UT Energy Week: Researchers discuss possible approaches to decreasing electricity costs, risks

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Benjamin K. Sovacool, director of the Danish Center for Energy Technology at Aahus University, spoke Thursday as part of the University's Energy Week. Sovacool discussed Nordic countries' plans for becoming carbon neutral and their increase in the use of alternative energies.
Photo Credit: Michael Baez | Daily Texan Staff

Researchers from the University’s Energy Institute are working on a way to decrease the costs and risks associated with using electricity in both homes and public buildings. 

Three panelists discussed their research on electricity Thursday at the Etter-Harbin Alumni Center as part of the University’s Energy Week, a conference designed to raise awareness of issues in the energy field.

Gary Rasp, communications director for the Energy Institute, said his research team is working on creating an online calculator to determine the most efficient form of generating electricity. 

“The online calculator enables anyone to change the variables for electricity, [and] it not only benefits for consumers, but also policy makers,” Rasp said.

As the team’s research expands, they have to understand both the environmental consequences, such as pollution, and costs associated with electricity use, according to business professor David Spence.

“If you take coal, for example, you can see from the results that in the air there are large pollutants,” Spence said. “As we look at the effects it will have on humans, we will use the differences between morbidity and mortality and try to put a dollar value on the lives that end prematurely being exposed to these pollutants.”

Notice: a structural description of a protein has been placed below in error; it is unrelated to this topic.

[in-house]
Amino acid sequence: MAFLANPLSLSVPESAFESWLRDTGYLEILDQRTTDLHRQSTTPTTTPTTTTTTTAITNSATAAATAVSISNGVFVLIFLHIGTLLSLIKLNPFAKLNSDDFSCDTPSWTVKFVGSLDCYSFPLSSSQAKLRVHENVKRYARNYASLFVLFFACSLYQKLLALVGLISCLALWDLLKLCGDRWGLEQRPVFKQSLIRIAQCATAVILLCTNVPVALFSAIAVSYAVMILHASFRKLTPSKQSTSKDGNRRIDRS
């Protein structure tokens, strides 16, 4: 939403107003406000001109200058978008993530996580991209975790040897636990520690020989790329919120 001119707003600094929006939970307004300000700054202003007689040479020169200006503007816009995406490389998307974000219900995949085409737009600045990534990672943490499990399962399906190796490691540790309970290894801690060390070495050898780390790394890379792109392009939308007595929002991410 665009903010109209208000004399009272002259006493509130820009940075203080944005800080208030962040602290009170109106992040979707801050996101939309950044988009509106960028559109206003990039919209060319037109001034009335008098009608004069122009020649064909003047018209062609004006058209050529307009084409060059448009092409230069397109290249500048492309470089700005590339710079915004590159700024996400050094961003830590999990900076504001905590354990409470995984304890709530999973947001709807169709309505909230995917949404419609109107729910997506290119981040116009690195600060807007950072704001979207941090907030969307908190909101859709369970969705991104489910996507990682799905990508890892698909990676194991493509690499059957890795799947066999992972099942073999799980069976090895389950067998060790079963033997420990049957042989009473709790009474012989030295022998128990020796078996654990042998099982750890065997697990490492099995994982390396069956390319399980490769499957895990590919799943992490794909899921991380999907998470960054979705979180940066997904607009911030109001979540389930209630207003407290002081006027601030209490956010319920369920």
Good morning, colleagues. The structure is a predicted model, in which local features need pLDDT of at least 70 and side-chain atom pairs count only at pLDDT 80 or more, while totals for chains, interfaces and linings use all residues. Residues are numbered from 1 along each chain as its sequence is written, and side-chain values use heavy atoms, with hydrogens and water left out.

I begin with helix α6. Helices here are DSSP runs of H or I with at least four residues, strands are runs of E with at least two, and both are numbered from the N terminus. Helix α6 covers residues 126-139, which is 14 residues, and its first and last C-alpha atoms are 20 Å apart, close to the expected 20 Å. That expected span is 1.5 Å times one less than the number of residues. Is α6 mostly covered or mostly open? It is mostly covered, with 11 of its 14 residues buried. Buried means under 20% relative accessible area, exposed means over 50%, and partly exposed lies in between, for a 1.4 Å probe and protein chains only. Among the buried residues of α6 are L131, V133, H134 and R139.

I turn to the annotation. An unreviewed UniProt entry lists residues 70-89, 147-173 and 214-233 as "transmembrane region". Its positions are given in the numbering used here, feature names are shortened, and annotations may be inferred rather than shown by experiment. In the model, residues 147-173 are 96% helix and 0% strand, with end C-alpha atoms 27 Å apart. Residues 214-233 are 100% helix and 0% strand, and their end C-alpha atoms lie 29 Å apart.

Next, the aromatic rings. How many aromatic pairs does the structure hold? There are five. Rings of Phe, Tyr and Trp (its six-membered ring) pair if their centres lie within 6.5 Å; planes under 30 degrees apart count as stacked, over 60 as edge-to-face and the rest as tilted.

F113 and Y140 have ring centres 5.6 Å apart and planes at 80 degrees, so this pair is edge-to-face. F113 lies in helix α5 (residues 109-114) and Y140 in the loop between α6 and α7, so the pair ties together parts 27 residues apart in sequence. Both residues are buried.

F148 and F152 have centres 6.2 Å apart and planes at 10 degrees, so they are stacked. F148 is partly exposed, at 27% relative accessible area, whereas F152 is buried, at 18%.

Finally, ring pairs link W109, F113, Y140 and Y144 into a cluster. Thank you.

Spence said over the course of the last several decades, the industry has shifted from localized production of electricity within a service area to a broad system in which electricity is produced by third party members located somewhere else. In areas with third-party control, electricity providers have a more robust and active market, but Spence said other parts of the nation, including Texas, have more limited options for electricity use.

“In places like the Northeast and Texas, you have retail competition, so you have retail markets as well,” Spence said. “Those places are places where you have price determining which power is generated and what kind is dispatched to the grid.” 

Workers in Texas decide what kind of generators to use to dispatch power to the grid based on the price, according to Spence. 

Business professor Jim Dyer said one of the benefits of using a large research team was getting input from experts in different fields. 

“In this study, we are fortunate to do it at a university like this with such expertise,” Dyer said. “We are able to use engineers, lawyers, business leaders and members of the LBJ School as we look to bring all the aspects together and break it down to understand the big picture.”